The scheme would require landlords within designated areas to apply for a five-year licence, demonstrating that they have adequate management arrangements in place.
If it goes ahead, the selective licensing scheme, which would cover up to 65 per cent of the county’s private rented sector and approximately 51,000 properties, is expected to improve the living conditions of tenants, while benefiting the wider community.
The initiative is part of work to enhance housing provision and tackle issues such as deprivation, empty homes and anti-social behaviour in the county’s towns and villages.
Stuart Timmiss, the council’s head of development and housing, said: “Due to the disruption caused by coronavirus, we have had to cancel many of our planned public consultation events for both residents and landlords. We have extended the consultation period and added virtual meetings and telephone call-backs to allow as many members of the community as possible to have their say on the proposed changes.”
The public consultation asks residents to comment on whether there are problems with bad tenants and if targeting the bad landlords through penalties and even prosecution is the best approach to tackle issues with poor rental properties and areas.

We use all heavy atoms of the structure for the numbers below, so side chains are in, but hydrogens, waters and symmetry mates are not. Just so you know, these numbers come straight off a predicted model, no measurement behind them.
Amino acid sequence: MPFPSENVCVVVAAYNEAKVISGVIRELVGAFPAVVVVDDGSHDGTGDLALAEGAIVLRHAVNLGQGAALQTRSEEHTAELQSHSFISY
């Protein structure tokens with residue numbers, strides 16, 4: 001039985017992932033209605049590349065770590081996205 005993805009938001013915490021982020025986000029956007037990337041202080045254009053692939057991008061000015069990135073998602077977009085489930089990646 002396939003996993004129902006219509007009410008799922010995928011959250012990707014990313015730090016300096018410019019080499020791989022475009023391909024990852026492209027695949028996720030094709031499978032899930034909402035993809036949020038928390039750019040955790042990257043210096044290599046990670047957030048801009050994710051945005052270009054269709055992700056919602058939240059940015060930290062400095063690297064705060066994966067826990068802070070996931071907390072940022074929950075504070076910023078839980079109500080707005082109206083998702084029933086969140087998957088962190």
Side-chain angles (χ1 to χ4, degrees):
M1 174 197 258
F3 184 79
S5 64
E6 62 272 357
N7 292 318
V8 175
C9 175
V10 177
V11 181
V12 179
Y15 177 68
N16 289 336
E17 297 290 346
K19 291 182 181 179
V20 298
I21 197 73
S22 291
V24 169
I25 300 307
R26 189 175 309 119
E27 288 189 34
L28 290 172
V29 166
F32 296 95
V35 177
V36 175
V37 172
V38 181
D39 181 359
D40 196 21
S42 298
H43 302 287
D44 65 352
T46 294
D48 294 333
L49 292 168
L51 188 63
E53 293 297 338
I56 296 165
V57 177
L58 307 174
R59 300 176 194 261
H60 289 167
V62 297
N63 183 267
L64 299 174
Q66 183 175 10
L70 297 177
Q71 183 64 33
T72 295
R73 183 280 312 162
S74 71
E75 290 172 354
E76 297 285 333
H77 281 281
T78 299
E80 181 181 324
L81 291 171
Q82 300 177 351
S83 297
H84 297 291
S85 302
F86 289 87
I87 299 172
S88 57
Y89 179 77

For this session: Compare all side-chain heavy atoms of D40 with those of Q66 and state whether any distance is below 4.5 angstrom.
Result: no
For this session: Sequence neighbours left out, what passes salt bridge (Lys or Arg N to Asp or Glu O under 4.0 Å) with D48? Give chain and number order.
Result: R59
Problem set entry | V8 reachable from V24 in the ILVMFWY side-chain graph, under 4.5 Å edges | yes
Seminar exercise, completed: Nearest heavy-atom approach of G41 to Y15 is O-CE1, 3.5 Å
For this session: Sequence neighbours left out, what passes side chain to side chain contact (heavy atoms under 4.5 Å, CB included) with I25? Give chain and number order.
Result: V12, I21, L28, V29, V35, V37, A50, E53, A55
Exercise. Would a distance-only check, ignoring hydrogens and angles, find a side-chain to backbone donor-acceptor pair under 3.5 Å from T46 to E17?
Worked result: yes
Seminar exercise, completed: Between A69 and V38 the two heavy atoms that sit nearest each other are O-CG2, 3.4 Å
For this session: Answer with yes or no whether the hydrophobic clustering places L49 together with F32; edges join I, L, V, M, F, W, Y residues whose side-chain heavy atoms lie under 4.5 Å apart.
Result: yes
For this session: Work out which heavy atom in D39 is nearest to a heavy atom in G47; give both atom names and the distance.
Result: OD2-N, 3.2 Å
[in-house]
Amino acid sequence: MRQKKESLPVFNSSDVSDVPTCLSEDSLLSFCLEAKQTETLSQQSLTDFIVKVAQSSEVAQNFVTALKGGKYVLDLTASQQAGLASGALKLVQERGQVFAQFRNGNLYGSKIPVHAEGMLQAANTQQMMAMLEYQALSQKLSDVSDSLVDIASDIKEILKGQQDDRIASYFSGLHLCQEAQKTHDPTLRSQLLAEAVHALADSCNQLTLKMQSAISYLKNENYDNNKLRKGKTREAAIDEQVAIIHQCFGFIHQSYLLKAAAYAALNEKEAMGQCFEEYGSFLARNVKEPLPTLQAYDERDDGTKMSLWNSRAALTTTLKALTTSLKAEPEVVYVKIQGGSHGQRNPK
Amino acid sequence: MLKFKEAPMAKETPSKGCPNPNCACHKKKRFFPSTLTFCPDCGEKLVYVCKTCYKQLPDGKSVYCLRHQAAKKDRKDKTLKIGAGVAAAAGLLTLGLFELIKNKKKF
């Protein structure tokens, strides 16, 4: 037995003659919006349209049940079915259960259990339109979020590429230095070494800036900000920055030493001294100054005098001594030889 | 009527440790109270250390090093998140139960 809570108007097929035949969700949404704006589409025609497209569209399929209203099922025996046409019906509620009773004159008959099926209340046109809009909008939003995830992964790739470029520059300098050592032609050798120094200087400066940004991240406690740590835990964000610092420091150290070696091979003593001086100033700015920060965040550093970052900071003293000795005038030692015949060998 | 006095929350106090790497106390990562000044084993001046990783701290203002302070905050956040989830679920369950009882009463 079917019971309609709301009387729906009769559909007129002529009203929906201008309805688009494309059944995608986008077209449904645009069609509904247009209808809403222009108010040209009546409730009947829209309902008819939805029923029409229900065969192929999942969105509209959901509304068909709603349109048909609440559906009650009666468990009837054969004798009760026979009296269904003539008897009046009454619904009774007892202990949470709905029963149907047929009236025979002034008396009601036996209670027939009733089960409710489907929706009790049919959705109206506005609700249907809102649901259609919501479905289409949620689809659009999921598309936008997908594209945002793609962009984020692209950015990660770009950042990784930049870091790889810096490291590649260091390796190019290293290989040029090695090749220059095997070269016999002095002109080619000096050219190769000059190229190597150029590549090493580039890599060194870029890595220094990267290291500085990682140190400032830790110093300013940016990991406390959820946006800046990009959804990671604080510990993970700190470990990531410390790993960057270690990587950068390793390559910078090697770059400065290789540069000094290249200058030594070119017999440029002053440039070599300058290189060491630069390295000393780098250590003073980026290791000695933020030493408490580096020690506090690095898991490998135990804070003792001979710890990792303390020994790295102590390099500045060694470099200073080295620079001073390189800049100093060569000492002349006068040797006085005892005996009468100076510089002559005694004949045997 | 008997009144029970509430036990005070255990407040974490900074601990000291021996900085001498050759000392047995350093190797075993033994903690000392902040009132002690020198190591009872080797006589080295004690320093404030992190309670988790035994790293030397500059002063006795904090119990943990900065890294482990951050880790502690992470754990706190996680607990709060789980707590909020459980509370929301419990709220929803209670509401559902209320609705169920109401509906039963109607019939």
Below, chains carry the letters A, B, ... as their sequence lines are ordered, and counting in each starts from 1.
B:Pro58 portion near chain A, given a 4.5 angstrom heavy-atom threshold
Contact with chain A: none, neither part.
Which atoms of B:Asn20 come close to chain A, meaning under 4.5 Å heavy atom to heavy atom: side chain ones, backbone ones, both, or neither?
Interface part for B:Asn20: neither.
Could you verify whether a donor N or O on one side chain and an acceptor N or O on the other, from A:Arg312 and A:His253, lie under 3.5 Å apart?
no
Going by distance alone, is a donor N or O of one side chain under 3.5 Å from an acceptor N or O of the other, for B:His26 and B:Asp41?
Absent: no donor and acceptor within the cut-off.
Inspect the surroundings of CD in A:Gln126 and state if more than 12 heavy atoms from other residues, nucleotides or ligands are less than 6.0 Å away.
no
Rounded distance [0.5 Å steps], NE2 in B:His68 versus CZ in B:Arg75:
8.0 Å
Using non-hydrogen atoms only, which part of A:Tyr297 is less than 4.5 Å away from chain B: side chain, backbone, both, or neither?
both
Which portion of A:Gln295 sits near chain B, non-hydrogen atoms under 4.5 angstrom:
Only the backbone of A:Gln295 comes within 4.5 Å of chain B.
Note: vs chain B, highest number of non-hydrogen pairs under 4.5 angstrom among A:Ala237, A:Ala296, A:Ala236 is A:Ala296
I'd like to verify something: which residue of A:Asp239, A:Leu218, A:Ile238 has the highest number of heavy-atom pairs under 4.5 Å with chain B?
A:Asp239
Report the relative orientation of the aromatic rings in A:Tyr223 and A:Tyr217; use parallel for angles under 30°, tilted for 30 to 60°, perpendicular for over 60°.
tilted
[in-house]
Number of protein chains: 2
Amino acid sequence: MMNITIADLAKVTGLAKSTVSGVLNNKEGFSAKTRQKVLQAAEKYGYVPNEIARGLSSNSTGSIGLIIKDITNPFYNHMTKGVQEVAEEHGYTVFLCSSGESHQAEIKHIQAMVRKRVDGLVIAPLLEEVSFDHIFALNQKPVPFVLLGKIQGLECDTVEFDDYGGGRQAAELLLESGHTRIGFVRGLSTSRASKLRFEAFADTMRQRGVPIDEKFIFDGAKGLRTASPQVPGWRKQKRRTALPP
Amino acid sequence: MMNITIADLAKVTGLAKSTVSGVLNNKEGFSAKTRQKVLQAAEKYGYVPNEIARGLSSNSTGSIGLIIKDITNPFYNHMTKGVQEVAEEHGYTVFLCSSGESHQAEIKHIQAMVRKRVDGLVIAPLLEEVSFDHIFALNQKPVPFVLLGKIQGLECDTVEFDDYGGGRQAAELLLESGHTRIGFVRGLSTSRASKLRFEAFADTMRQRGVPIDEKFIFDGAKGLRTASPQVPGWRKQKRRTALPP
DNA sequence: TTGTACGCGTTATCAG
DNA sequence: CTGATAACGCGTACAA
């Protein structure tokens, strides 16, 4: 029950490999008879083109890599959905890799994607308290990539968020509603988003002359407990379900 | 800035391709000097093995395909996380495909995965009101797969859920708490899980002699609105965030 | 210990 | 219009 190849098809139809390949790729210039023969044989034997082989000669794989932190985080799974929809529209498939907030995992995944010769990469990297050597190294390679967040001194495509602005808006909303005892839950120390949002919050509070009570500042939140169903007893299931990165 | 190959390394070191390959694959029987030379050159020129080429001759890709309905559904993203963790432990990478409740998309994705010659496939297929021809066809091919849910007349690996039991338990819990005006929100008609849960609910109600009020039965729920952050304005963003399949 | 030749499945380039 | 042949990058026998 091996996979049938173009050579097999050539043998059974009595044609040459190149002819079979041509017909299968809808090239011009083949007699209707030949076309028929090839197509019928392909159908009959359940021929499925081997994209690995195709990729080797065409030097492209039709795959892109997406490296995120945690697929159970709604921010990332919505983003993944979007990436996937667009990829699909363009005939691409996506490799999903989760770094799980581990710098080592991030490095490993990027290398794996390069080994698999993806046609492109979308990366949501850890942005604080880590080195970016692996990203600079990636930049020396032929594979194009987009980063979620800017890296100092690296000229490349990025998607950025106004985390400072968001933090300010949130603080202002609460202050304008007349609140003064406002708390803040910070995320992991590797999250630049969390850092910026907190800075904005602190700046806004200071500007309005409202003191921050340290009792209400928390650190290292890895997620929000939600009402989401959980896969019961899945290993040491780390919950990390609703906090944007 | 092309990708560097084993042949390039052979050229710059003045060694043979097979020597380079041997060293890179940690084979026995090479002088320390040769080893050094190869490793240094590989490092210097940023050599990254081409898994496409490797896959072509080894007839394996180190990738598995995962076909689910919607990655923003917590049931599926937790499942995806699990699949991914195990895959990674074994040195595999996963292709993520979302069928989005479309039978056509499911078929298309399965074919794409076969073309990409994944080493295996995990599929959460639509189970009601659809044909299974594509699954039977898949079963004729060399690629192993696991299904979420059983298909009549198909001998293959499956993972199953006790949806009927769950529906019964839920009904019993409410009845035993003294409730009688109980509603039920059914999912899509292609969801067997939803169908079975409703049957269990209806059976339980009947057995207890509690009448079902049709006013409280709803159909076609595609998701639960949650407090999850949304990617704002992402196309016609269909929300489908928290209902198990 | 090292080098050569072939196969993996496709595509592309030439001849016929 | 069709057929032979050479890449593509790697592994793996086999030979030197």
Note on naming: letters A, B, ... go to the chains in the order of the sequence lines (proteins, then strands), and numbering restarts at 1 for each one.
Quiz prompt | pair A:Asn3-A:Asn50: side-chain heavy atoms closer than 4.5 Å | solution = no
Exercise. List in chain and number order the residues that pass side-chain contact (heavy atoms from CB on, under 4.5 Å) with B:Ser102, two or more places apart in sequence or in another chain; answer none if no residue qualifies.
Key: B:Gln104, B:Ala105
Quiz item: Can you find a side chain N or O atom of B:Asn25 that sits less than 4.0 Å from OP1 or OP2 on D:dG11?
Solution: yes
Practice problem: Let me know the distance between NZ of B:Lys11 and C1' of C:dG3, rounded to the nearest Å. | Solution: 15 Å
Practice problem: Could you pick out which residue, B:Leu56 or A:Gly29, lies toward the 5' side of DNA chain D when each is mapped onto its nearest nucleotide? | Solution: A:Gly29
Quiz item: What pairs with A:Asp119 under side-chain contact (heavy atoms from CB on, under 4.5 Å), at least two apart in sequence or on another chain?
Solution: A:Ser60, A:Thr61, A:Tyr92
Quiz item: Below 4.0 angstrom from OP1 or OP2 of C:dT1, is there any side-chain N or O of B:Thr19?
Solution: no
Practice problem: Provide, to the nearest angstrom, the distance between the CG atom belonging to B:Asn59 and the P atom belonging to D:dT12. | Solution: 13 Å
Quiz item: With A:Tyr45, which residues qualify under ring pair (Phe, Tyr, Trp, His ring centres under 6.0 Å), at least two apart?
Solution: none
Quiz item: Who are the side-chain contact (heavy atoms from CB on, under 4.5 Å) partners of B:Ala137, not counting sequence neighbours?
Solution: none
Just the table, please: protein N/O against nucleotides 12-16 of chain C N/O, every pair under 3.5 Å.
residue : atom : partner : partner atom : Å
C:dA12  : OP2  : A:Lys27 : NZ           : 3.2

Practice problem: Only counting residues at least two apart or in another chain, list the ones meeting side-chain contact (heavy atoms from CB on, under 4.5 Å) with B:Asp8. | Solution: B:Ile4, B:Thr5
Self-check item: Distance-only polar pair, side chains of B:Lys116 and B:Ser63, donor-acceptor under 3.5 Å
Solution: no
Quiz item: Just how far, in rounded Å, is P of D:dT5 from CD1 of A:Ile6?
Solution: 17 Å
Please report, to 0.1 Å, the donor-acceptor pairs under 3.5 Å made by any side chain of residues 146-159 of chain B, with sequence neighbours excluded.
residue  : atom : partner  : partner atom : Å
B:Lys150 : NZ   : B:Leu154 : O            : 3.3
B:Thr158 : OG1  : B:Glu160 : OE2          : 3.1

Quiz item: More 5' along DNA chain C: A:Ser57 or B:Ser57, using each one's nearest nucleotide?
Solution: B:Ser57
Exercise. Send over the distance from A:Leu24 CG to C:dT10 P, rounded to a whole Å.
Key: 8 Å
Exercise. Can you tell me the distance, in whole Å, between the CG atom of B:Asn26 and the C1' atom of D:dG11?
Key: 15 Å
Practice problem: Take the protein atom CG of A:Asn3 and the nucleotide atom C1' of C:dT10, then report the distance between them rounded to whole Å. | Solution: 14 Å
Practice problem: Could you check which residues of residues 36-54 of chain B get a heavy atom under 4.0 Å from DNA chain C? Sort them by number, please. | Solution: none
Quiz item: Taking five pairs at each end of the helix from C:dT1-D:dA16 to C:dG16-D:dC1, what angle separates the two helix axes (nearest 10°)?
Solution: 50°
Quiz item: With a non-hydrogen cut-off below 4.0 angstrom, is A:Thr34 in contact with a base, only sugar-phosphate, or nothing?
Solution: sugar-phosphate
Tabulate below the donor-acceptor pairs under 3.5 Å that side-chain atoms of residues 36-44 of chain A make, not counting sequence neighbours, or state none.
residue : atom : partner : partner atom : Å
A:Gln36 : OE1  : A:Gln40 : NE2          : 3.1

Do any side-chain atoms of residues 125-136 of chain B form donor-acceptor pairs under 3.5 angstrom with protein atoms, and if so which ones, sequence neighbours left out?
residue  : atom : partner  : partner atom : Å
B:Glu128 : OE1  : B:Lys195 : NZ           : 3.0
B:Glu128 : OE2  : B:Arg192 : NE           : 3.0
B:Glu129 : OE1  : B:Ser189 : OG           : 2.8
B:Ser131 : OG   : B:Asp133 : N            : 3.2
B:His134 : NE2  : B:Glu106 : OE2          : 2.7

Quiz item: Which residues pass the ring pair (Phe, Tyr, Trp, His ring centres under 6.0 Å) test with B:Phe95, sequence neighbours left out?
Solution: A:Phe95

Private landlords and letting agents are also invited to have their say at two online events.
The webinars, on Monday 27 July at 1.00pm and Wednesday 29 July at 5.00pm, will provide an opportunity to view the council’s evidence and reasoning for the introduction of selective licensing, and offer a chance to ask questions.
Places for the online events must be booked in advance at www.durham.gov.uk/article/22640/Consultation-on-licensing-of-privately-rented-homes-in-some-areas-of-the-county. Questions can either be submitted in advance or asked at the meeting.
Further information about the consultation can be found at www.durham.gov.uk/consultation where people can also complete an online survey to submit their views.